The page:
Tuesday 23 November 2010


I have no doubt that patient notes have been the subject of many lectures, studies, and projects within hospitals individualy and the NHS as a whole. How to make them accessible and readable. I can only comment on my own experience.

When I was discharged, I was given my notes to take home, for the community midwife to use, until she discharged me, at which time they would go back to the hospital to be archived. I could not believe the size and volume of my notes, well over 100 A4 pages, from the day of my admission until the day of discharge. The handwriting was at times terrible. They were not in order. Oftentimes notes would say "written two days late as busy on shift". What use is that for the next person, especially when dealing with a complex patient situation?

I found my hospital admission, once Joseph was delivered, to be an incredibly difficult time. I felt that there was no communication between the ante natal ward, and special care. I felt my care was disjointed and problematic. I felt that if people had just read my notes, that life would have been so much easier, for them and for me. But who has time to read through loads and loads of handwritten notes, looking for the pertinent points. And what if the notes just aren't updated? Or inaccurate?

On the Tuesday, day 5 of Joseph's life, I had a really tough day. He was crticially ill, I had post natal blues, his teddy bear got stolen from my room, I was a complete mess. My husband's beloved football team were playing that night, a very important game, and I had said he was to go and watch it at the pub, but that was the day I needed him the most. I rang in tears and he came straight down before the game. The nurses and midwives gathered, to discuss what best to do. It was decided I needed a psychiatric evaluation. I didn't care, I just wanted someone to just take all this away, and make me normal. And give me back my pregnancy, or at least give me my baby.

I had my evening meal and went to special care, and spent time with my poorly baby, just sitting there, staring at him. From the chest up he looked fine, peaceful, cast your eyes downward, and he looked a mess, his tummy distended, the skin around his belly button turning black, he looked sick. And I was scared. My husband came in at once jubilant and despondent. His team had won, signalling Burnley's rise into the Premiership, but as he entered the room he could see his baby was sick, and his wife as a mess.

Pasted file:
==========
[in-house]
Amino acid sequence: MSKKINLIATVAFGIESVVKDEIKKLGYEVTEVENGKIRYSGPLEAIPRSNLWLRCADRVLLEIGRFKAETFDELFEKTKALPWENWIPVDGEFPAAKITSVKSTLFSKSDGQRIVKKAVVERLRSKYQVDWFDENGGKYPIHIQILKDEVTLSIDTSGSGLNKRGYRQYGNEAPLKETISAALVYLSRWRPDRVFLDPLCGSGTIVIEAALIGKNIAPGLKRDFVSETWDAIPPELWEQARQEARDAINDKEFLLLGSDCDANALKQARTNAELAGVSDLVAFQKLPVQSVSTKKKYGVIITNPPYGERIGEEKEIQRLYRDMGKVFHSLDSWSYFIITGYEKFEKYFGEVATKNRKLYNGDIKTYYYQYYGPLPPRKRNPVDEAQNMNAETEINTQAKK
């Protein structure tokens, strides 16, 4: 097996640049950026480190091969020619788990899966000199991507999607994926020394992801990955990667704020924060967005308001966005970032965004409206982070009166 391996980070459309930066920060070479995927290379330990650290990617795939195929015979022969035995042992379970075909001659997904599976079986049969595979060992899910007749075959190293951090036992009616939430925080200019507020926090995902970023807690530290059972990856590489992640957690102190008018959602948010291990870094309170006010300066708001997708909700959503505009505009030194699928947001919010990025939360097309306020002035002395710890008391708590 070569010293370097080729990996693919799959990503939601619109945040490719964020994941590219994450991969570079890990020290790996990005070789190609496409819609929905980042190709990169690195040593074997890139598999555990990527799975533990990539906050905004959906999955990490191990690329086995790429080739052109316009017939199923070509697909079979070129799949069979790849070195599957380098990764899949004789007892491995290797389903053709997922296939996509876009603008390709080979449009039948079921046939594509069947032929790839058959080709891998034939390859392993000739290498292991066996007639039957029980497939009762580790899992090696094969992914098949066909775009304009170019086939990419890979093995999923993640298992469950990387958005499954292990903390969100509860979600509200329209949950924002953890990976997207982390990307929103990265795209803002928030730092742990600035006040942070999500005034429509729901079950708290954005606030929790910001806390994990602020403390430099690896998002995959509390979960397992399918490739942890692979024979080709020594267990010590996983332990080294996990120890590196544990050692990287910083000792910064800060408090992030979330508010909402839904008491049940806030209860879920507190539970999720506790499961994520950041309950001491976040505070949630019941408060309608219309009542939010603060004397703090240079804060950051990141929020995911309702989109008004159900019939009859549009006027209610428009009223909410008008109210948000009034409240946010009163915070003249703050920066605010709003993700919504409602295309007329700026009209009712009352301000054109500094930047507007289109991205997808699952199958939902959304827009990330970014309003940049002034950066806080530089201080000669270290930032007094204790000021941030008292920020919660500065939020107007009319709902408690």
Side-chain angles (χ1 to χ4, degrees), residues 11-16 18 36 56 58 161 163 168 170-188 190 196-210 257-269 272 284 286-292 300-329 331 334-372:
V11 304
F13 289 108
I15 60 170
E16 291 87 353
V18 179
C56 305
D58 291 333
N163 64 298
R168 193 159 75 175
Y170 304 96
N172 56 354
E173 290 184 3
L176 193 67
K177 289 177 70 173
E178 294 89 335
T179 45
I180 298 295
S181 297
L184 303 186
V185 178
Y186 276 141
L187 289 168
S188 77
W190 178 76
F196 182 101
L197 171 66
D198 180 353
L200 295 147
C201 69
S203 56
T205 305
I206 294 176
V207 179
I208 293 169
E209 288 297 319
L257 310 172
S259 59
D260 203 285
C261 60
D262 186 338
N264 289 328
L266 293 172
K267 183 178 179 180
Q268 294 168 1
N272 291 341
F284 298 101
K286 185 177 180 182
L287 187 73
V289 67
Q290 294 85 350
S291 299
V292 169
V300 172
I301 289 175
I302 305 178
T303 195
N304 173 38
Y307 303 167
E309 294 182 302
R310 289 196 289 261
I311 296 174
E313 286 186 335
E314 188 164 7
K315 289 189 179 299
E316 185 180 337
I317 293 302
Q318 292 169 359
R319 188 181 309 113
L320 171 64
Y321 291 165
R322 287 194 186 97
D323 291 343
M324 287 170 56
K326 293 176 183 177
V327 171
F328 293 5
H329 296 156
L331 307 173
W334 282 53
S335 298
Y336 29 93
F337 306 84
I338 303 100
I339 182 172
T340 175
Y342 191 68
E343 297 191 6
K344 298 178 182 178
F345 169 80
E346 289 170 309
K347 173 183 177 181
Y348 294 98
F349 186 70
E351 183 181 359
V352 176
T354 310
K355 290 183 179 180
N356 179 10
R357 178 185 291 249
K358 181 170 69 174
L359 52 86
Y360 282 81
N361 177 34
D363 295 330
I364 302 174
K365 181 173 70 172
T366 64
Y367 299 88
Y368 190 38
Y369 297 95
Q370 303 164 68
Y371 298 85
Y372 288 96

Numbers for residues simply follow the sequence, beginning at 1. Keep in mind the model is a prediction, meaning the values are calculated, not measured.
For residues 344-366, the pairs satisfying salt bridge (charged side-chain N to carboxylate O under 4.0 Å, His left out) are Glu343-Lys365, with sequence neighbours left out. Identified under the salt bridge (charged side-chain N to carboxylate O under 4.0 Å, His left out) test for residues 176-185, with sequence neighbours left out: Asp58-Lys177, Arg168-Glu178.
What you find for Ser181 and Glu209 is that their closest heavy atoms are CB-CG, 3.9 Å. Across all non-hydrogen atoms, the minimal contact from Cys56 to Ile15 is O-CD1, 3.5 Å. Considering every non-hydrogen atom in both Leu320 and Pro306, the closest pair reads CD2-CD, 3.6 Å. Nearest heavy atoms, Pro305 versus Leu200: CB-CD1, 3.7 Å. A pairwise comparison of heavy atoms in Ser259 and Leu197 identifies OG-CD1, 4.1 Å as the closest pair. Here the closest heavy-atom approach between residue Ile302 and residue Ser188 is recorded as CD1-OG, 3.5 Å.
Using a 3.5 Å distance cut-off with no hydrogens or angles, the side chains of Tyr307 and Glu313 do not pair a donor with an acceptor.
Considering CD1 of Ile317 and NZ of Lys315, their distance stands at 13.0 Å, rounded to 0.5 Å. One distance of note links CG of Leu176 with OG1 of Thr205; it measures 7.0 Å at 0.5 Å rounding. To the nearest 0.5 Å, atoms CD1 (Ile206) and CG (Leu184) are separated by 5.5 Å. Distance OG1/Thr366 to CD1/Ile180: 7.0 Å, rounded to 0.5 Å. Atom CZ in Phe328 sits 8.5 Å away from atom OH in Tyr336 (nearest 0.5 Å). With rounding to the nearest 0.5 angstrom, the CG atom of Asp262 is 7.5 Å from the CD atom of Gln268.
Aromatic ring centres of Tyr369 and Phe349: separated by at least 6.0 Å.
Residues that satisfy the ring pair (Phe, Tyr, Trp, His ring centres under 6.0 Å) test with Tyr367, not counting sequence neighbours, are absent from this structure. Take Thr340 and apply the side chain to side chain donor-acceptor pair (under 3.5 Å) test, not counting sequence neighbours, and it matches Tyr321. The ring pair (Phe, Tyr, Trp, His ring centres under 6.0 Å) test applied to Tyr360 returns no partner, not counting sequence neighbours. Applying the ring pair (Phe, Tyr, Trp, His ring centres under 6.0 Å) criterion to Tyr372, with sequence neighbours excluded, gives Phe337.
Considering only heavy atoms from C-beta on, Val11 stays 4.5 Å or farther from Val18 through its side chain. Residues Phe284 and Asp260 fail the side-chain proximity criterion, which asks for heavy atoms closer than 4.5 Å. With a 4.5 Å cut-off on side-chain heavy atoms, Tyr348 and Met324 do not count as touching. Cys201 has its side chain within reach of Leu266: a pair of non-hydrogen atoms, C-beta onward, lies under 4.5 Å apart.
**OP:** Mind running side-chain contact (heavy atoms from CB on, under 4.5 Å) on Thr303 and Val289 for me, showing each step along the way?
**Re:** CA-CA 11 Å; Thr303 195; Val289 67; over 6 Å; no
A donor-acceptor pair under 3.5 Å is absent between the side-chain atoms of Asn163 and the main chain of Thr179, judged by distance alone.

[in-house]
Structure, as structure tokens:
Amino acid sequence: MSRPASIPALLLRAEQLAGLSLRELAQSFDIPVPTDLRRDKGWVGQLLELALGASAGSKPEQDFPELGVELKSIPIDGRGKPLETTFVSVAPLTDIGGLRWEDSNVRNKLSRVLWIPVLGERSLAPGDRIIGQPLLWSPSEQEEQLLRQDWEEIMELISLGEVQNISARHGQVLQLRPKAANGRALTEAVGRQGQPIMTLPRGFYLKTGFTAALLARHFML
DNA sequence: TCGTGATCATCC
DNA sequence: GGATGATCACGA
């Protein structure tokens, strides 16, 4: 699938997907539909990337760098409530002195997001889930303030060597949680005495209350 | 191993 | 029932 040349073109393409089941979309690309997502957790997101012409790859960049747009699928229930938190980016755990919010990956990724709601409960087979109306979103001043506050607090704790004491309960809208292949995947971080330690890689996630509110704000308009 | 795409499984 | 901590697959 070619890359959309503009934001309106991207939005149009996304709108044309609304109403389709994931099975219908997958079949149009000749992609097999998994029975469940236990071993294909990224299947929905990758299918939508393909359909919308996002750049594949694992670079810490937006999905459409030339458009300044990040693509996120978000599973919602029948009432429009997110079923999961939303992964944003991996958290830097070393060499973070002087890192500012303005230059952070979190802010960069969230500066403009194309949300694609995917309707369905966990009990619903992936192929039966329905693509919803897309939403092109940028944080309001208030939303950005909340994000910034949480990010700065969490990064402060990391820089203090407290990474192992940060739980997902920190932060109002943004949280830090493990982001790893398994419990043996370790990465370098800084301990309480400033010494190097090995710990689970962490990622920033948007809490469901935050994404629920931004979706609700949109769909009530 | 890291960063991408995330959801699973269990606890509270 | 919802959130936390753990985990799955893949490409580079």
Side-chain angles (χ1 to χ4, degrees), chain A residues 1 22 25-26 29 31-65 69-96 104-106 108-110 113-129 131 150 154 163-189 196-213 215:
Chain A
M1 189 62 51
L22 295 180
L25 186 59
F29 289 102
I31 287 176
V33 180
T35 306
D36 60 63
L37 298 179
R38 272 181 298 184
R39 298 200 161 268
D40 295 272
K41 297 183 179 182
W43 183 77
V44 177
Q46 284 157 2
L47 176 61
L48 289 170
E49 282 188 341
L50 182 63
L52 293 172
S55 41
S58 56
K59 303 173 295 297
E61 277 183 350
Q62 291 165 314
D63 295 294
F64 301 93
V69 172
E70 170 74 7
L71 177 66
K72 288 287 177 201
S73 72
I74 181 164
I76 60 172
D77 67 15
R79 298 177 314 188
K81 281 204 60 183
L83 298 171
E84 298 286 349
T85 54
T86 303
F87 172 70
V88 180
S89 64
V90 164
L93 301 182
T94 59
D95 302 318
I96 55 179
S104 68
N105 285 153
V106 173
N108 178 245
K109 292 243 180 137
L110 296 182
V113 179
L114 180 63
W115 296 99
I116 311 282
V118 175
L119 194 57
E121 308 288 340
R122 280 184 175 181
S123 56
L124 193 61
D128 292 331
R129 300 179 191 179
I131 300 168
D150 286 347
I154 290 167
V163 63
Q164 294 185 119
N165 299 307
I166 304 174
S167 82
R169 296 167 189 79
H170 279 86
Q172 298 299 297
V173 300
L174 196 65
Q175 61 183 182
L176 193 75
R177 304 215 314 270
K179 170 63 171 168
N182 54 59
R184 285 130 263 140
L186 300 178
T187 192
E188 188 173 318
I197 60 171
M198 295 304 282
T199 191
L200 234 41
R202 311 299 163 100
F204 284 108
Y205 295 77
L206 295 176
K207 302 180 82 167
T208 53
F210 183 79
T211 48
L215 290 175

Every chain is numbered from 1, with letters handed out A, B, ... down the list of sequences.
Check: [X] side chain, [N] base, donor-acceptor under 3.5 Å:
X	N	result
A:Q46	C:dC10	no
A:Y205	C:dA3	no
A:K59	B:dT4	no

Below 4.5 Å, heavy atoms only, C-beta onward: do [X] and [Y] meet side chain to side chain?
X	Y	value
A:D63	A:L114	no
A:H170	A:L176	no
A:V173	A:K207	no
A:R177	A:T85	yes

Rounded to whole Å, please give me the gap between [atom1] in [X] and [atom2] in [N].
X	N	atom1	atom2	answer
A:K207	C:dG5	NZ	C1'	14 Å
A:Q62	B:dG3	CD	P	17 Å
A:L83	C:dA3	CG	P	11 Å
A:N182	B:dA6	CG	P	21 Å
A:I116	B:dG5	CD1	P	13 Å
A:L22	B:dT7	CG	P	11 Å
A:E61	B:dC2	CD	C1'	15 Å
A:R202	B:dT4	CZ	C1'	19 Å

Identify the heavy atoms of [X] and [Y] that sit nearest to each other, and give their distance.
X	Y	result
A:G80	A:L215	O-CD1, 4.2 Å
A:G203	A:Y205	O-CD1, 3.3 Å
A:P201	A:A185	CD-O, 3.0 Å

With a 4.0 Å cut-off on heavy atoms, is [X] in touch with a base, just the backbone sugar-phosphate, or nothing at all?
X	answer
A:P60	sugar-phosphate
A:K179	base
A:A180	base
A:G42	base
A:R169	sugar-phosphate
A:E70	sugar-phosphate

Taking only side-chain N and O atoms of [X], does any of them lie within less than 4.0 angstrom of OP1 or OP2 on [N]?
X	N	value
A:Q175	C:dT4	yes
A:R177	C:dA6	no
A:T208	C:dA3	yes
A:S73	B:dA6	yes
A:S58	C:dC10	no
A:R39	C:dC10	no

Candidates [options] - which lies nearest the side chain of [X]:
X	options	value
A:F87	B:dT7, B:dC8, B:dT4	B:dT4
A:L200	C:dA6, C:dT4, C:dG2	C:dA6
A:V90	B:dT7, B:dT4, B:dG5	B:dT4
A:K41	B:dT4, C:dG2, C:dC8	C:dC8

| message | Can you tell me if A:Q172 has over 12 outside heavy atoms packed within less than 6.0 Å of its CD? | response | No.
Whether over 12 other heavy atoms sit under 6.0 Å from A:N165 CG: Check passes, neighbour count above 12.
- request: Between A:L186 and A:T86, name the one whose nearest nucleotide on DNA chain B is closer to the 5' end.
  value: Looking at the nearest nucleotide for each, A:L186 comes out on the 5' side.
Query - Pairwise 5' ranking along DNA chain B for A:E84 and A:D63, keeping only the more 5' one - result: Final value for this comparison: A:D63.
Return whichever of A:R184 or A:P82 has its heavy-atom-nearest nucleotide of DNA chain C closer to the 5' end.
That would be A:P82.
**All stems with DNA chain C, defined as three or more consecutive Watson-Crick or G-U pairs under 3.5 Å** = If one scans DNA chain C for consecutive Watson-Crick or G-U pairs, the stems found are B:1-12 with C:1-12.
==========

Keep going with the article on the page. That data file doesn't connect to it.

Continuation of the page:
We went and had a cofee together at the beautiful cafe coffee machine outside special care and the delivery suite. We held hands. I cried a lot. At 10pm he kissed me good night and I took the long walk back to my room (my husband wasn't allowed in my room after 8pm at night who knows what we might have got up to!)

As I got back one of the kind, younger midwives came up to me and said "your having your psychiatric evaluation later, it will probably be around midnight, what would help until then?". I looked at her with huge puppy dog eyes and said simply "a bath". Well the ward mobilised, a nice big bath was run, the best towels obtained, and a nurse gently helped me in. I lay there patting my belly, and said goodbye to my pregnancy, and just howled a bit more. I really wished at that point I could just disappear down the plug hole.

I managed to get out, dried and dressed, and went back to my room. At midnight, sure enough, the knock came and a doctor came and spoke to me. She asked me all sort of questions, which I answered honestly but shortly. I just needed to get some sleep. She then said "right the problem is your methyldopa (for high blood pressure)" what we need to do is take you off that and put you on Labetelol, and you will start feeling better". My blood pressure started to rise, my face filled with anger.

"You haven't read my notes" (which was to become my catchphrase). She looked startled. "I have a history of reactive depression, methyldopa is contraindicated for depression, its true, but why wasn't I put on Labetelol?", she glanced at my notes, looked at me, and said "I'm sorry, I don't know." I felt relieved and annoyed, relieved she hadn't tried to wriggle out of it but annoyed that I seemed to be the only one who had a grips of my medical history. "I am a severe asthmatic, myself and Dr P the consultant felt that the risk of depression was better than my asthma being out of control, and Labetalol is contraindicated for asthmatics".

The doctor put down her folder, put her arm on my shoulder, and apologised. "You are in a time of great stress, you are very intelligent, you know what is going on, and you need us to be part of the solution, at the moment I feel I am part of the problem, and you need a good nights sleep."She left, I cried some more and I finally drifted off to sleep.

1 comment:

  1. I'm starting to think we must have been in the same hospital. I had very similar experience. I do think it's a darned cheek for people who don't know you to say they think you need psychiatric evaluation.